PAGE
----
Farley looked at his wristwatch. “He won’t be here for a while, so I wish you could brief me about the inwardness of what you are doing, Phil.” He’d never used his first name before, and Phil became a little wary. “I know you can’t give me a ten-year course in advanced physics this afternoon, but—well, I’d like to know what kind of stand to take. I’ll be representing the university, after all.”

Phil Kaufman looked down from his perch on the stool at the earnest, kindly face and wondered what really lay behind it. So far as he could see, Doctor Farley had no reason to take any stand on the question at all, except to tell the A.E.C. man to go sit on a tack. If he wanted to represent the university, let him do it in the name of Academic Freedom. Phil glanced at Katherine. She was sitting very still and he had the impression that she was thinking about something else.

“All right, I’ll give it a try,” he said. “There’s an idea that’s been around for quite a while that there is an analogy between the stars and the atoms.”

Doctor Farley’s face lighted. “I believe I’ve heard of it. Back in the ‘twenties, by a man called Dunn, wasn’t it?”

Phil shook his head. “Twenty years earlier by a man called Fournier-d’Albe. He wrote a book called Two New Worlds, in which he suggested that the solar systems are actually atoms in some vast cloud of super-gas. Of course, this notion ignores the celestial absence of molecular structure—unless you count double stars as molecules—but it might be accounted for by assuming a high temperature. Then he said that the newly hypothesized Rutherford model of the atom was a sub-microscopic solar system, but he didn’t stop there.

“The atoms and their electrons, he said, were in turn made up of sub-atoms and were perhaps populated by sentient beings who looked through their telescopes and counted the atoms in their vicinity, no doubt arranging them into constellations. You can carry this imaginary process in both directions and as far as you like, but are we to decide arbitrarily that it goes on infinitely? Or is it like Einsteinian space, finite but unbounded?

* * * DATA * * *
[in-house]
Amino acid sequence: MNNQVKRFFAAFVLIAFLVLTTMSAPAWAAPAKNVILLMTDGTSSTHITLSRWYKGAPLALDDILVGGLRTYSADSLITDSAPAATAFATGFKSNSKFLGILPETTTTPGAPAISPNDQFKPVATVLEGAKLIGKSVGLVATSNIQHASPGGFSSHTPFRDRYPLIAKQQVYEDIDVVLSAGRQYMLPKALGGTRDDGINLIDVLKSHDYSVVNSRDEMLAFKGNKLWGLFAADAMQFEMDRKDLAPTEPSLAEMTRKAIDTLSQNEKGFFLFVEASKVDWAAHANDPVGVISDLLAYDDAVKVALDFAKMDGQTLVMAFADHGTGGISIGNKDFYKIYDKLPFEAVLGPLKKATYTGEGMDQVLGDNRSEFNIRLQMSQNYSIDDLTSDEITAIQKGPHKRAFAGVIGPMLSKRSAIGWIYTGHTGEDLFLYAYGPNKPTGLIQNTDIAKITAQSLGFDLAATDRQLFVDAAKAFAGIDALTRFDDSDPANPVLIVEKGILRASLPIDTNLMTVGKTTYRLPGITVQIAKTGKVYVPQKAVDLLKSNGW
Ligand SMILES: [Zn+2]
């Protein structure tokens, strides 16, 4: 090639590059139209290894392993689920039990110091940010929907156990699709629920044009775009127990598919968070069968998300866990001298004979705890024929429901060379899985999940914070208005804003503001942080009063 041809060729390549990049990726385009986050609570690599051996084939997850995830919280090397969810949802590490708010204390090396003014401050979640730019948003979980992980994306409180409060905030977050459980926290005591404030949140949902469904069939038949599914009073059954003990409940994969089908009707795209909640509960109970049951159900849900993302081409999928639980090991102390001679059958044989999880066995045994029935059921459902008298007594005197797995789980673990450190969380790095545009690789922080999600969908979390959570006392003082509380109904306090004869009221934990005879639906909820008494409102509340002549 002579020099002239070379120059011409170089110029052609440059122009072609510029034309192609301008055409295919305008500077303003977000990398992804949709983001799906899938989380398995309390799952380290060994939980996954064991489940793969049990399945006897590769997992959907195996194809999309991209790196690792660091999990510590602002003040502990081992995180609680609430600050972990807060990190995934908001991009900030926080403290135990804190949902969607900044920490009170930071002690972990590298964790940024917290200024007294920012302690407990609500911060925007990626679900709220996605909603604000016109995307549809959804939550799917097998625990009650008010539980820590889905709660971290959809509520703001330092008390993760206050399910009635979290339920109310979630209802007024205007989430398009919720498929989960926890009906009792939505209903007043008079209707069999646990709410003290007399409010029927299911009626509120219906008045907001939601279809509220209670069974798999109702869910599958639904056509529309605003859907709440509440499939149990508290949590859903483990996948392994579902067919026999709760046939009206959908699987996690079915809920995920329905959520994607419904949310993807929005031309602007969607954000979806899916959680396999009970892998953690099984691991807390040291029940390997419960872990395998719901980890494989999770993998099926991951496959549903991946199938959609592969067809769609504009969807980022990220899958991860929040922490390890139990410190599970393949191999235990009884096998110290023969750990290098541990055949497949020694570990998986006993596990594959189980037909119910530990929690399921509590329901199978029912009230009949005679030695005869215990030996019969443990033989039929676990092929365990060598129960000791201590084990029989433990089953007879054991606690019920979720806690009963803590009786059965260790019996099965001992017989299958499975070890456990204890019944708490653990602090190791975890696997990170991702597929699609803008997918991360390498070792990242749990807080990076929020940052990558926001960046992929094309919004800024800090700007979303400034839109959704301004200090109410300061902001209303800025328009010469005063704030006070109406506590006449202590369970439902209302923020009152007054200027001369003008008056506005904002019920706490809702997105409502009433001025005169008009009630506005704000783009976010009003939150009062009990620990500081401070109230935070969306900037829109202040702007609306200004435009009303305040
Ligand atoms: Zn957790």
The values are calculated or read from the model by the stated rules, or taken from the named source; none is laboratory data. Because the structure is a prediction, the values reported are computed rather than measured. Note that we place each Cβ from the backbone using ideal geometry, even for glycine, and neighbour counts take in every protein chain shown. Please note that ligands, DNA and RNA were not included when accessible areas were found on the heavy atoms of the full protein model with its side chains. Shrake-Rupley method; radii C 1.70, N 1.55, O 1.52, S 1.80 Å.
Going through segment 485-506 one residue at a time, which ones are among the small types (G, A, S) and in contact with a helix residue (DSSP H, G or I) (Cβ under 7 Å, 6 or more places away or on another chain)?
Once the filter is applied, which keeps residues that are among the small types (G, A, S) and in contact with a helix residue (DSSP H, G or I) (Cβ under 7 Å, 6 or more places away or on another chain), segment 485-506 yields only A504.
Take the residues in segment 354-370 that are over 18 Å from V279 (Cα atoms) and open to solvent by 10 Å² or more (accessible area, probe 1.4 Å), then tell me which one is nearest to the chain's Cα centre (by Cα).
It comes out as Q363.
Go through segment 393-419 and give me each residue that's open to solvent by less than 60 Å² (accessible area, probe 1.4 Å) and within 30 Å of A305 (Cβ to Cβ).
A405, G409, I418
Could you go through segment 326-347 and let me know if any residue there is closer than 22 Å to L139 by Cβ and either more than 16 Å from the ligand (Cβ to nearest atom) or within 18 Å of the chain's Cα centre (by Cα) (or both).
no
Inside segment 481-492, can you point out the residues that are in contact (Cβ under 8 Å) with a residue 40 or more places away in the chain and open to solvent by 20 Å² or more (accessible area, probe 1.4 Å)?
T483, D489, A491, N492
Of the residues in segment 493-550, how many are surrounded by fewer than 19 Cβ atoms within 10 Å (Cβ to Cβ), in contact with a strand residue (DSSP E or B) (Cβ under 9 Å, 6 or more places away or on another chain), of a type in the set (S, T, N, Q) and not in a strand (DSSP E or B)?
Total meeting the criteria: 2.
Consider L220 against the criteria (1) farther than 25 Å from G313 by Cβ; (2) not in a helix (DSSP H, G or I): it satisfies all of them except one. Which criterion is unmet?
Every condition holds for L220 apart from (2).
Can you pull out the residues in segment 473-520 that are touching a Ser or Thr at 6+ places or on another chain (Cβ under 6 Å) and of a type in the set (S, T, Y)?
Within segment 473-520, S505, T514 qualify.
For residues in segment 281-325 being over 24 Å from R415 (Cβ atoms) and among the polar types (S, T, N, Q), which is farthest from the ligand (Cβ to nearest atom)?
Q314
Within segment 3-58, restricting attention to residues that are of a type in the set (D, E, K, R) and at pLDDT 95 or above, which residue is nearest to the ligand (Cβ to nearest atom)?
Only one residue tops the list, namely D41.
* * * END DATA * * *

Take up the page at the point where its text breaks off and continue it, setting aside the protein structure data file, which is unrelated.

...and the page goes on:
“I have asked myself this question and I believe the latter statement to be in a sense correct, but what does it mean? Well, it means that if you move further and further into larger universes, you eventually get to where you started. Not that Big is the same thing as Small, but that from wherever you happen to be, the ones in the direction—outward—look successively bigger, while the ones in the other direction—inward—look successively smaller. Now if there were some kind of super-telescope that could look beyond our universe of super-atoms, and beyond the next and so on indefinitely, you would find yourself staring up through a super-microscope at your own eye.”

“Get along with you!” Katherine said. “This is the pipe dream to end all pipe dreams. Tell us more.”

“Well, I’ll revise it to this extent,” said Phil. “It wouldn’t be your eye that you’d see, any more than you’d see your own face if you looked far enough across ordinary intergalactic space. You’d see the back of your head—or, rather, the other side of the Earth—provided there was nothing in the way.”

“And in this case it would be what?” she asked.

“I don’t know,” Phil said, looking worried. “What is the equivalent of the back of your head—looked at along the direction of hyper-time? Could it be that what you saw would not be from behind, but from … inside?”

 

Katherine’s beautiful sightless eyes seemed to be turned inward, and she sat very still. Then she said, “You evoke something in my mind like the echo of a picture I once knew, and will know again.”

Farley looked at her sharply.

“You mean something in your subconscious?” Phil asked.

“Perhaps that’s what it is, and yet they say that you try to escape knowledge of your subconscious—that it frightens you. I am not frightened, Phil. I feel … expectant.”

“I’d feel more expectant,” he said, “if I were quite sure of what I was doing. The trouble is that while ordinary light could in theory show you the super-astronomy of the stars and planets that are made up of atoms consisting of our stars and planets, it won’t work the other way.”